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Between history and legend
The earliest Roman history can be found in the Annals of Titus Livius, and his tales of Enea. As the story goes: After his escape from flaming Troy, Enea made his way to the shores of Lazio, establishing a new home, according to where the gods had led him. In fact, Livius himself warns us:
I neither understand, nor validate, nor reject the legends. All of antiquity seems to conspire to this city's wholly venerable dawn, mixing human with divine. And, if ever there was a populous deserving of divine origins, identifying themselves with gods, that would be the Romans.
The most agreed-upon date for the founding of Rome would have to be 753 B.C. However, the archaeological record states that the area was populated at least a century before it was properly established as a city.
Rome, in fact, was established very slowly, with the eventual consolidation of separate villages on each of its hills. The valleys were uninhabitable, being mostly swamps and inhospitable wetlands, due to continuous floodings by the Tiber river. The only certainty is that around 753 A.D. all the Villages began to recognise one common king.
Romulus, the presumed founder, is a legendary figure, his successors kings, however, are not. In chronological order they were: Numa Pompilio, Tullo Ostilio, Anco Marzio, Tarquinio Prisco, Servio Tullio, Tarquinio il Superbo.
It was during the reign of the Etruscan king, Tarquinio Prisco, that Rome became the immigration crossroads of all south-central Italy. It was during his reign that the following civic innovations were first introduced: an efficient canal system for the transportation of water, as well as the first 'Foro' or Central plaza.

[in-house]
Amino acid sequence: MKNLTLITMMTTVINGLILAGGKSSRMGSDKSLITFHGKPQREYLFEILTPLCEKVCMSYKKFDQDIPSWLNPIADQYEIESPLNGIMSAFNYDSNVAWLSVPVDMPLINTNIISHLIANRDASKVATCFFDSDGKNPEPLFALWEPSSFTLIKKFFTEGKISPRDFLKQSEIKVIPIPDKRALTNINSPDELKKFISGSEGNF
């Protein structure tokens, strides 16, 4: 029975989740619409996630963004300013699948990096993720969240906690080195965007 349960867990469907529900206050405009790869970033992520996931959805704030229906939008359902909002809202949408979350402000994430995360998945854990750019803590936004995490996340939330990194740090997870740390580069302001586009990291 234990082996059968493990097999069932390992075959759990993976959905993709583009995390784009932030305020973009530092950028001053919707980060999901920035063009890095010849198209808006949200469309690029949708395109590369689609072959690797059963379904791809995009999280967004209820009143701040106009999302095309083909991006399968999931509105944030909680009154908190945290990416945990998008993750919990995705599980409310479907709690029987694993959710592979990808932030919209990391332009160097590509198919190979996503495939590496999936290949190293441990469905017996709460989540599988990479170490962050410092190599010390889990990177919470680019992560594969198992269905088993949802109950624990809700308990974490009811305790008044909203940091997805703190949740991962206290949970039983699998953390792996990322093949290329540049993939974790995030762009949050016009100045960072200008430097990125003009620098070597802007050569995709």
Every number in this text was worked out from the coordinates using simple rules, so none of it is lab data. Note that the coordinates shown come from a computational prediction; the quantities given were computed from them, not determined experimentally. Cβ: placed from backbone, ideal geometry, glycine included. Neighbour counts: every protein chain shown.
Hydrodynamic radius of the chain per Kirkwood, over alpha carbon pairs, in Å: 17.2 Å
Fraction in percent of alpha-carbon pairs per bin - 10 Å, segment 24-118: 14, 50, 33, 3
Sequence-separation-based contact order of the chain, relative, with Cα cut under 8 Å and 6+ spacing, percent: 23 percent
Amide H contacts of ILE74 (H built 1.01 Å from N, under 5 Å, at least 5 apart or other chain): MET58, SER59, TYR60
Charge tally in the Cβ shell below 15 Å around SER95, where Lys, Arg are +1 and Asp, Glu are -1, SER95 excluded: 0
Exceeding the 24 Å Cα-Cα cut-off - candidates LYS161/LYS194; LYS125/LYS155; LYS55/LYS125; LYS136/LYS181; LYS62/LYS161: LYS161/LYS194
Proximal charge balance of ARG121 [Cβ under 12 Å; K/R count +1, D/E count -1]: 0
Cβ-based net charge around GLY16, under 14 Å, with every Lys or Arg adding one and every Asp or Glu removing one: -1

Servio Tuillo is known for his political organization. He divided the population into five different economic classes, and built a massive wall surrounding all seven hills of the city (Campidoglio, Palatino, Aventino, Celio, Esquilino, Viminale and Quirinale).
The violence, wrought upon the population by Tarquinio Superbo led to a revolt by the Plebeians and some of the Patricians, which eventually ousted him. At that time a new form of government was introduced, the Republic, which lasted five centuries; and enjoyed a massive growth in wealth and power. At the end of the Republic, Octavian Augustus had complete military, religious and political control over the people. His title 'Tribune delle Plebe', gave him the right to impose his own laws; which led to a new form of government, the Empire. During the centuries of the empire, Rome's population grew to almost a million; which slowly declined during the Barbarian invasions, to the point that, during the high middle ages, only tens of thousands remained.
Then came the revival. It began on the flatlands along the left bank, in the first bend of the Tiber; a rich centre of Renaissance-Baroque influence, with Piazza Navona as its nucleus. This rapid urbanization extended towards the western hills. Repopulation of the hills began with Pope Gregory XIII, when he built his Papal residence on the tallest point of the seven hills, the Quirinale(1574). The urbanization of the hills led to the construction, under Sixtus V, of splendid villas, surrounded by vast parkland. The crown jewel of that era is the Villa Borghese, a true oasis of green amid the chaos of the city.